Ezekiel Elliott should shut it down in 2015

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Running back Ezekiel Elliott has shown that he has an NFL future.  To best secure it, he should say farewell to college football in the present.

In order to properly ingratiate itself with the custodians of the free farm system known as college football, the NFL prohibits players from entering the draft until three years have passed since their high school class graduation.  Elliott finished high school in 2013; he can’t be drafted until 2016.

With nearly 700 total rushing yards in three high-stakes game played on a big stage, Elliott demonstrated the ability to compete in the NFL.  Given the physical demands of the position he plays, he should avoid absorbing further punishment — and losing additional knee cartilage — by playing football for compensation far less than the value he has brought to his school, the Big 10 conference, and the NCAA.

The issue has come up in recent years with players like Jadeveon Clowney and Jameis Winston, both of whom arguably made it to the top of the draft board only two years removed from high school.  Staying in college entailed not only a significant injury risk but also the reality that another year of play and scrutiny may have resulted in the player’s stock falling.

If, of course, a player like Clowney or Winston ever decides to skip that third year after high school, fans, media, and scouts would be aghast, calling him selfish and stupid and everything but a young man possessing a keen sense of business and the guts to indulge it.

To be sure, questions over whether the player truly “loves football” could result in a plunge in draft stock.  For a player like Elliott, who already has a limited ceiling based on the position he plays, taking a year off wouldn’t entail the same financial risk.  And any possible impact on his draft positioning after a year away from the sport would be offset by avoiding the risk of a Marcus Lattimore-type knee injury or some other impairment that limits Elliott’s eventual NFL career.

Football fans won’t like the idea of players making decisions that advance their own interests, because it limits the pool of talented players we all can enjoy watching on our increasingly large flat screens as they assume significant physical risks without fair pay.  But if Elliott was your son, brother, cousin, nephew, grandson, godson, husband, fiancée, boyfriend, or friend, the best advice would be to tell him to retire from college football and begin the process now of getting ready for the 2016 draft.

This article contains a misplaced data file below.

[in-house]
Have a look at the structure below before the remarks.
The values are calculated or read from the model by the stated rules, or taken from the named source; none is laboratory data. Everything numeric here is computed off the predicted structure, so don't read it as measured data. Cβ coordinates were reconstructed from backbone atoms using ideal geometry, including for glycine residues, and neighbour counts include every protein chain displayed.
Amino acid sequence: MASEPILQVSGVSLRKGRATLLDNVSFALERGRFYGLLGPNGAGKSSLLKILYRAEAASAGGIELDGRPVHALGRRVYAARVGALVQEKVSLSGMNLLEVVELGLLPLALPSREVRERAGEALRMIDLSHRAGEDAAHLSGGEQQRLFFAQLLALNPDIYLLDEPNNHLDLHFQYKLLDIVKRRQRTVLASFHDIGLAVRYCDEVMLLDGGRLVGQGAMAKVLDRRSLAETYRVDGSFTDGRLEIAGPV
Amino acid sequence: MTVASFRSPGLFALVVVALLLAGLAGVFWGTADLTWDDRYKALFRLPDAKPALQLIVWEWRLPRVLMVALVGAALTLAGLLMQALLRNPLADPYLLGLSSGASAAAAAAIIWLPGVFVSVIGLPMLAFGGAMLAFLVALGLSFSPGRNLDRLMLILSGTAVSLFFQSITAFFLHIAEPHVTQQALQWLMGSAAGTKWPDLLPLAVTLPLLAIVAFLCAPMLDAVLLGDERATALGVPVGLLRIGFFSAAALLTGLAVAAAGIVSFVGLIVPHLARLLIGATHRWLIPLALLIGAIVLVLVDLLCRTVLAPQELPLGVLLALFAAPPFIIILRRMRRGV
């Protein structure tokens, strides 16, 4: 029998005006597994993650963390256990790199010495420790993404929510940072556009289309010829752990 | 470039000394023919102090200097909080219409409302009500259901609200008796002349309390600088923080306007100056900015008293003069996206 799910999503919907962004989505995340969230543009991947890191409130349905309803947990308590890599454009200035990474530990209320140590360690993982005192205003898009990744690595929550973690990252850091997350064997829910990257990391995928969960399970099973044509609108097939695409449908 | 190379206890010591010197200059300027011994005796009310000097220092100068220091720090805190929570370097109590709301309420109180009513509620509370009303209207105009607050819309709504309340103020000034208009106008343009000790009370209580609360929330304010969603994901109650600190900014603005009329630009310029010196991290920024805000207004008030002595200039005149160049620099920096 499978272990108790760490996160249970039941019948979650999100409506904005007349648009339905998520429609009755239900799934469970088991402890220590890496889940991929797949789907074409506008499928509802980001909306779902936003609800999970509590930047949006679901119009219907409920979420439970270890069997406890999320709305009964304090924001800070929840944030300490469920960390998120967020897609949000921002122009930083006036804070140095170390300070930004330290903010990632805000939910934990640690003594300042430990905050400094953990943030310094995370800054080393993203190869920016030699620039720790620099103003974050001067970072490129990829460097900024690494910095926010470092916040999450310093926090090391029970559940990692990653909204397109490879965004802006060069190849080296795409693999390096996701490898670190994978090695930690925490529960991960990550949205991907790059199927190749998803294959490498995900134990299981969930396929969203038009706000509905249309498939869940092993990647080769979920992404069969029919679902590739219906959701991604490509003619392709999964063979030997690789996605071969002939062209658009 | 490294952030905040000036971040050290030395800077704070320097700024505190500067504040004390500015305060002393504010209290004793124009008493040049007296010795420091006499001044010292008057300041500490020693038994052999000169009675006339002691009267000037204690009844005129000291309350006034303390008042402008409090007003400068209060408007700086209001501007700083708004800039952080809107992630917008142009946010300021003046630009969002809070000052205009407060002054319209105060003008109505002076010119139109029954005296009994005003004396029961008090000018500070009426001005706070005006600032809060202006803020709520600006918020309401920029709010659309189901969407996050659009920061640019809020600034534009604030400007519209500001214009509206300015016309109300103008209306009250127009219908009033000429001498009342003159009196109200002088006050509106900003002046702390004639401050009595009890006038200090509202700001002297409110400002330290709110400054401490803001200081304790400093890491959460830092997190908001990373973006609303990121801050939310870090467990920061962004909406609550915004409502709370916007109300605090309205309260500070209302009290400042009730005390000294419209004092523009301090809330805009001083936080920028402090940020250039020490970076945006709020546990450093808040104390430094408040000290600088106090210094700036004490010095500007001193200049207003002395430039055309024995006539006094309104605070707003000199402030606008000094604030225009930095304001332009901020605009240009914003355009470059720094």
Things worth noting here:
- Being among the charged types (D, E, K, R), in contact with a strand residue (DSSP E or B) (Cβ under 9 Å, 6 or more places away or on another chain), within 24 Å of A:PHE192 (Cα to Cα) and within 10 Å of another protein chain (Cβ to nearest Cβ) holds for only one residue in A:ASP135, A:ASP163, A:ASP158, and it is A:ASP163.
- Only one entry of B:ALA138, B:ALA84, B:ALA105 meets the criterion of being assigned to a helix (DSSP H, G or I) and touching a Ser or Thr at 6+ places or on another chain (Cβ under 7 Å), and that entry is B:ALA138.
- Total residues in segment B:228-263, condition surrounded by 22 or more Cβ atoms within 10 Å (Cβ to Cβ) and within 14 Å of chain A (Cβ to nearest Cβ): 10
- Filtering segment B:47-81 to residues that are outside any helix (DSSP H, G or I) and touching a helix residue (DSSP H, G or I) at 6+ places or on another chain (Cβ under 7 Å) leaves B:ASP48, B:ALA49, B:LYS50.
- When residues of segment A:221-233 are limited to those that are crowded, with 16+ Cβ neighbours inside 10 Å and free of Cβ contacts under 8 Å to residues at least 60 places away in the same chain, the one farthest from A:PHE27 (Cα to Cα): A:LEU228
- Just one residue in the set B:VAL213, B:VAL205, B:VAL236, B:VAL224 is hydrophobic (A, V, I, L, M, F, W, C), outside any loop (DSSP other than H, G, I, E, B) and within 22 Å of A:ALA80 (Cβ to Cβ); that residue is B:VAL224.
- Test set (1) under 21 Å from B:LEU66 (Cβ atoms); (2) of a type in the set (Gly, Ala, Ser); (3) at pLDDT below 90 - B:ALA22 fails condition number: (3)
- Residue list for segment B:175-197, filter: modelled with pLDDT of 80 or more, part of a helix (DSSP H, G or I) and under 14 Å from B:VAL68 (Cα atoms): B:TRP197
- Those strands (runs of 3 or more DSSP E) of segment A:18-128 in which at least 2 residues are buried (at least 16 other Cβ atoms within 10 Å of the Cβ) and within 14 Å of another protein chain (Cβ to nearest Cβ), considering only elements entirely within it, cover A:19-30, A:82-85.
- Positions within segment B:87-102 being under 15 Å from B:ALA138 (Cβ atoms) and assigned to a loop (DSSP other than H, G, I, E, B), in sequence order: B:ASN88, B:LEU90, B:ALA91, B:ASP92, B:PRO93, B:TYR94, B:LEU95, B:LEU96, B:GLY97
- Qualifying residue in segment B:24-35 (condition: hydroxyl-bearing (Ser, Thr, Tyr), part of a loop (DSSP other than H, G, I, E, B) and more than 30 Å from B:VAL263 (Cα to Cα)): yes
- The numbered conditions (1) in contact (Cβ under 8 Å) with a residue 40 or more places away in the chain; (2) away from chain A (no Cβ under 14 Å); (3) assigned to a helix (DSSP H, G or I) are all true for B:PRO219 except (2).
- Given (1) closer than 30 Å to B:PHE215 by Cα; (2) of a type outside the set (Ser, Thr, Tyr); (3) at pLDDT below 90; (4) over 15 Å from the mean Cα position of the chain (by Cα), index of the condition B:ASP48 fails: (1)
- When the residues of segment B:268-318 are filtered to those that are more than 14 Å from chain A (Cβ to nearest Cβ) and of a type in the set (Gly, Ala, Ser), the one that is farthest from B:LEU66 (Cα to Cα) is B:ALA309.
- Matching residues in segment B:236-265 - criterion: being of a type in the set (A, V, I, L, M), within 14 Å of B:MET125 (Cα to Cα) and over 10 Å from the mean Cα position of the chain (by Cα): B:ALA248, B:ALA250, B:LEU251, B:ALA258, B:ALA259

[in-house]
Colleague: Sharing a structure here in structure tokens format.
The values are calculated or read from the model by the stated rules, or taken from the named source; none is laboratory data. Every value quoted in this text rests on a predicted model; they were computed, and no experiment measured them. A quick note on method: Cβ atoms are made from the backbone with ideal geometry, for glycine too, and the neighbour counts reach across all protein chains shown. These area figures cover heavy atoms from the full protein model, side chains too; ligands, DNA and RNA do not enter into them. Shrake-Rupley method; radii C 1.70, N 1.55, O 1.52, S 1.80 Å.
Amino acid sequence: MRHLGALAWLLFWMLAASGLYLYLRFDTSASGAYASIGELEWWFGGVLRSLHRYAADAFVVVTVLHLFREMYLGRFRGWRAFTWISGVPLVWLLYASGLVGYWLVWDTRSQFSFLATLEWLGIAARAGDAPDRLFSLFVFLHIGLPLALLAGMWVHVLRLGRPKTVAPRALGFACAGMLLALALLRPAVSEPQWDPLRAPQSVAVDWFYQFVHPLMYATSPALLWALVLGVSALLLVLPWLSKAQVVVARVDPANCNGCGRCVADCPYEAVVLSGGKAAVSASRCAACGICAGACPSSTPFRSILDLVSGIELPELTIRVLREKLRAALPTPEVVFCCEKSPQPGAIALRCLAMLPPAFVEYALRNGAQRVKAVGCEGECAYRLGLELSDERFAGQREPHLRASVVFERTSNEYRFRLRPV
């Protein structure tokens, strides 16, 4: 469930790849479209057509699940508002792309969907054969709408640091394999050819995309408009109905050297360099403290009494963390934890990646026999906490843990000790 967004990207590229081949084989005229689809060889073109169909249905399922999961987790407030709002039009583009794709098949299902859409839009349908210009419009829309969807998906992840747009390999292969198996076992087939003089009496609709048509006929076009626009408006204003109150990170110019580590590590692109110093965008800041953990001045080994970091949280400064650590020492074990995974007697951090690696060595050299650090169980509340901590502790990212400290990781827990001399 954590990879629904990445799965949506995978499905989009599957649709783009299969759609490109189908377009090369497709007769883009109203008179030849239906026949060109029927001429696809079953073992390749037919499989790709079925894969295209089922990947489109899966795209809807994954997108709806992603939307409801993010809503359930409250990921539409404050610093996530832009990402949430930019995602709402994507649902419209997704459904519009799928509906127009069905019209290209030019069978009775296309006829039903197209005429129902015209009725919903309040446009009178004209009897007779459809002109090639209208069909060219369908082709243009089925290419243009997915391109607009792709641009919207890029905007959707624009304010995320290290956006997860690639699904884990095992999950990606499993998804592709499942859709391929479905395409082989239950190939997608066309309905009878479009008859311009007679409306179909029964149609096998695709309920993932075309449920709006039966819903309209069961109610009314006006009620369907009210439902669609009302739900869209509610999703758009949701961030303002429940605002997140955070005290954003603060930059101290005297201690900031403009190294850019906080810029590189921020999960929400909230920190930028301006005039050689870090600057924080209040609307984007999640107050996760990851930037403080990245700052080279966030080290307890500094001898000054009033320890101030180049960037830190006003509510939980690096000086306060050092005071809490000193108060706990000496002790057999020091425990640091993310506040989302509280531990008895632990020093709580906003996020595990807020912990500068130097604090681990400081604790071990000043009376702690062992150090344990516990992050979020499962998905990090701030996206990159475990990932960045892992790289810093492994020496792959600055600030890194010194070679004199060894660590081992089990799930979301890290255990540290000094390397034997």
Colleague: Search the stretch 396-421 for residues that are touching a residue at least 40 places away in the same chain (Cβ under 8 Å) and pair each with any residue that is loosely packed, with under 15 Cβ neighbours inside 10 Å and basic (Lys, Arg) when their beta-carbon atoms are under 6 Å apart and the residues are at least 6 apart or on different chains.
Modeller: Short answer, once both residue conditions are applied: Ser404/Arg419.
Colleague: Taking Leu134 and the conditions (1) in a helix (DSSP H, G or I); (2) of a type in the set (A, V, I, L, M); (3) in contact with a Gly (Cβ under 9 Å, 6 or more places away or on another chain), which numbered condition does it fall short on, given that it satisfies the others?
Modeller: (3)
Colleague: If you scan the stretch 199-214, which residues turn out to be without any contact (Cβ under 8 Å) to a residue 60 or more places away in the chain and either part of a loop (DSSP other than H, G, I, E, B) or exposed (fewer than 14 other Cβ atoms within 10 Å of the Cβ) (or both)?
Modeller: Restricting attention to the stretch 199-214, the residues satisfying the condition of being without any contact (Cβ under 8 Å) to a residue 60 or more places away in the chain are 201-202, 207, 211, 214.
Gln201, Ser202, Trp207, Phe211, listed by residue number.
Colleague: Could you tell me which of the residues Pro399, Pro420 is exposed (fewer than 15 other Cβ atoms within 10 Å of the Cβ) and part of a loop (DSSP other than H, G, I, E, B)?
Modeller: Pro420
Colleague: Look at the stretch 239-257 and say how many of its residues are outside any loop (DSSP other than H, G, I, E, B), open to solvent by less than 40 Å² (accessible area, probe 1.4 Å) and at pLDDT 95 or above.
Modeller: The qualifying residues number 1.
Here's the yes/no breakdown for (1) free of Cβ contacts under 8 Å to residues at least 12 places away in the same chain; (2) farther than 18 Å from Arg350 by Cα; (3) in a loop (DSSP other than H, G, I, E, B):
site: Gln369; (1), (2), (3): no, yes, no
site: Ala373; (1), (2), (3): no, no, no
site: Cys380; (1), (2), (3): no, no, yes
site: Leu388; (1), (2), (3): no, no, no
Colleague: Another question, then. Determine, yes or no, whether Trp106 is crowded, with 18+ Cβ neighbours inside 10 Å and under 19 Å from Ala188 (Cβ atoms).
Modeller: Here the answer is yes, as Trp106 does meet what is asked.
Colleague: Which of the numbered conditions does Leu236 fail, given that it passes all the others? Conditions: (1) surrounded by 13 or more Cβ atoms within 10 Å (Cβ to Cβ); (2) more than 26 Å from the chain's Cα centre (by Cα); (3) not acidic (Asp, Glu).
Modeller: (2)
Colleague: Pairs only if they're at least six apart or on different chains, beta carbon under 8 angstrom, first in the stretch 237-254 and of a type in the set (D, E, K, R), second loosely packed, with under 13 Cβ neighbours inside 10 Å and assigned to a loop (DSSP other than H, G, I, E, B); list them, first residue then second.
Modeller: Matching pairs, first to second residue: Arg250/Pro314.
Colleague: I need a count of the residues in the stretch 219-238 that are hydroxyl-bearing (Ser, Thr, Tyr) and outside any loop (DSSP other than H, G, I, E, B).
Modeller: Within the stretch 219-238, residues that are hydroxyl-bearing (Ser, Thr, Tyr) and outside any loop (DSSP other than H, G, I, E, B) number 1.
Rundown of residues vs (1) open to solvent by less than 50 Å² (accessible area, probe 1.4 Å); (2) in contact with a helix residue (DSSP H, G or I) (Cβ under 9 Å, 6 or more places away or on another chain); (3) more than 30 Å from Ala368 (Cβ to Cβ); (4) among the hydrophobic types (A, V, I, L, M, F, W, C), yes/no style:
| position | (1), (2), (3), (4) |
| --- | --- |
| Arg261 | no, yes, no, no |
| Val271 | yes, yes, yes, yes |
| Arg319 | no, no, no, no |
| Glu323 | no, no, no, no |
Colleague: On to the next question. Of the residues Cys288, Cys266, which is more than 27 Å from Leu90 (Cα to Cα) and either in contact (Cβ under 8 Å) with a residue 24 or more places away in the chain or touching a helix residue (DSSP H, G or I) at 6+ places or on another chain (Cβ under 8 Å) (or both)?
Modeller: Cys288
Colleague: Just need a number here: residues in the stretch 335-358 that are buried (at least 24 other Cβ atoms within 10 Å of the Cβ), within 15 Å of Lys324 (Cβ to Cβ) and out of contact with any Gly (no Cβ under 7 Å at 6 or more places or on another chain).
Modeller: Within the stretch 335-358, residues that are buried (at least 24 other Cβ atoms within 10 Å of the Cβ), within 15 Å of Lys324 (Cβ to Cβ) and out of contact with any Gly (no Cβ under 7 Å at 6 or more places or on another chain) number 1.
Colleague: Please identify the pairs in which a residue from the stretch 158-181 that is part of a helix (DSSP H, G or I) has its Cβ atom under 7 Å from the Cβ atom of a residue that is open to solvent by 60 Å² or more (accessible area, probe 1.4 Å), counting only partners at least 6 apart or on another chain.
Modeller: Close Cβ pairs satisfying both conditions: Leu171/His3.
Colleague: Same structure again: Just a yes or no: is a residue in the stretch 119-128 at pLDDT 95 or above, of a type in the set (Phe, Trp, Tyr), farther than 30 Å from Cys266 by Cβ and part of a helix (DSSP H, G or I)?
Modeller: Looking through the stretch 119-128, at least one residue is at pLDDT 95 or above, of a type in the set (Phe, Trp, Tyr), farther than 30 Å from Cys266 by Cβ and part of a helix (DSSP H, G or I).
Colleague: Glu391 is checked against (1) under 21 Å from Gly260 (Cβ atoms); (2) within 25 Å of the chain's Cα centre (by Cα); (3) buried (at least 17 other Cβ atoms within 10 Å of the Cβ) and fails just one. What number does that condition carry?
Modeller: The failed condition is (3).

76 responses to “Ezekiel Elliott should shut it down in 2015

  1. If he refuses to play, he’d most likely lose his scholarship and be forced to drop out of school. Where would he go to keep in shape and further his training? It’s easy to say he should shut it down, but what do you propose he do during his year of waiting for draft eligibility?

  2. Isn’t this the reason why CFB players can get insurance, so they can keep playing until they’re draft-eligible or until they choose to declare without risking their financial future?

  3. Worked for MIke Williams at use and Maurice claret at osu!!
    A year off does the player wonders!!!

  4. florio that is one of the best pieces i’ve ever read on here. zeke could actually be the one who finally gets players some compensation. good job!

  5. You made the same argument for Clowney 2 years ago, it was a ridiculous argument then and is a ridiculous argument now. Running Backs are one of the least valued positions in the NFL, teams are routinely taking late round picks and UDFA and turning them into serviceable players. If Elliott doesn’t play next year NFL teams likely would forget him and/or question his desire. If he plays he likely goes in the first two rounds (again RBs aren’t valued highly anymore) and gets a decent payday. If he shuts it down he gets passed by a bunch of guys and likely becomes a late round pick.

  6. Neither Elliot nor Jones should play another snap without being compensated.

    The two of them helped generate record viewing numbers for ESPN and risk damaging their future far exceeds any loss from not playing for free.

  7. That’s a wonderful idea Florio. I sat out a year and everything worked out beyond my wildest dreams.

    Maurice Clarett

  8. You’re absolutely right of course but no doubt you’ve angered the horde of apologists for big business pretending as if he should be grateful for a mere scholarship despite the fact that his set of skills brings far more revenue to his school and conference that more than offsets the cost of a scholarship. Wake up people, these institutions are run by ruthless capitalists that would not offer scholarships if they weren’t receiving the tall end of the stick and reaping piles of cash many times the cost of the scholarships they award.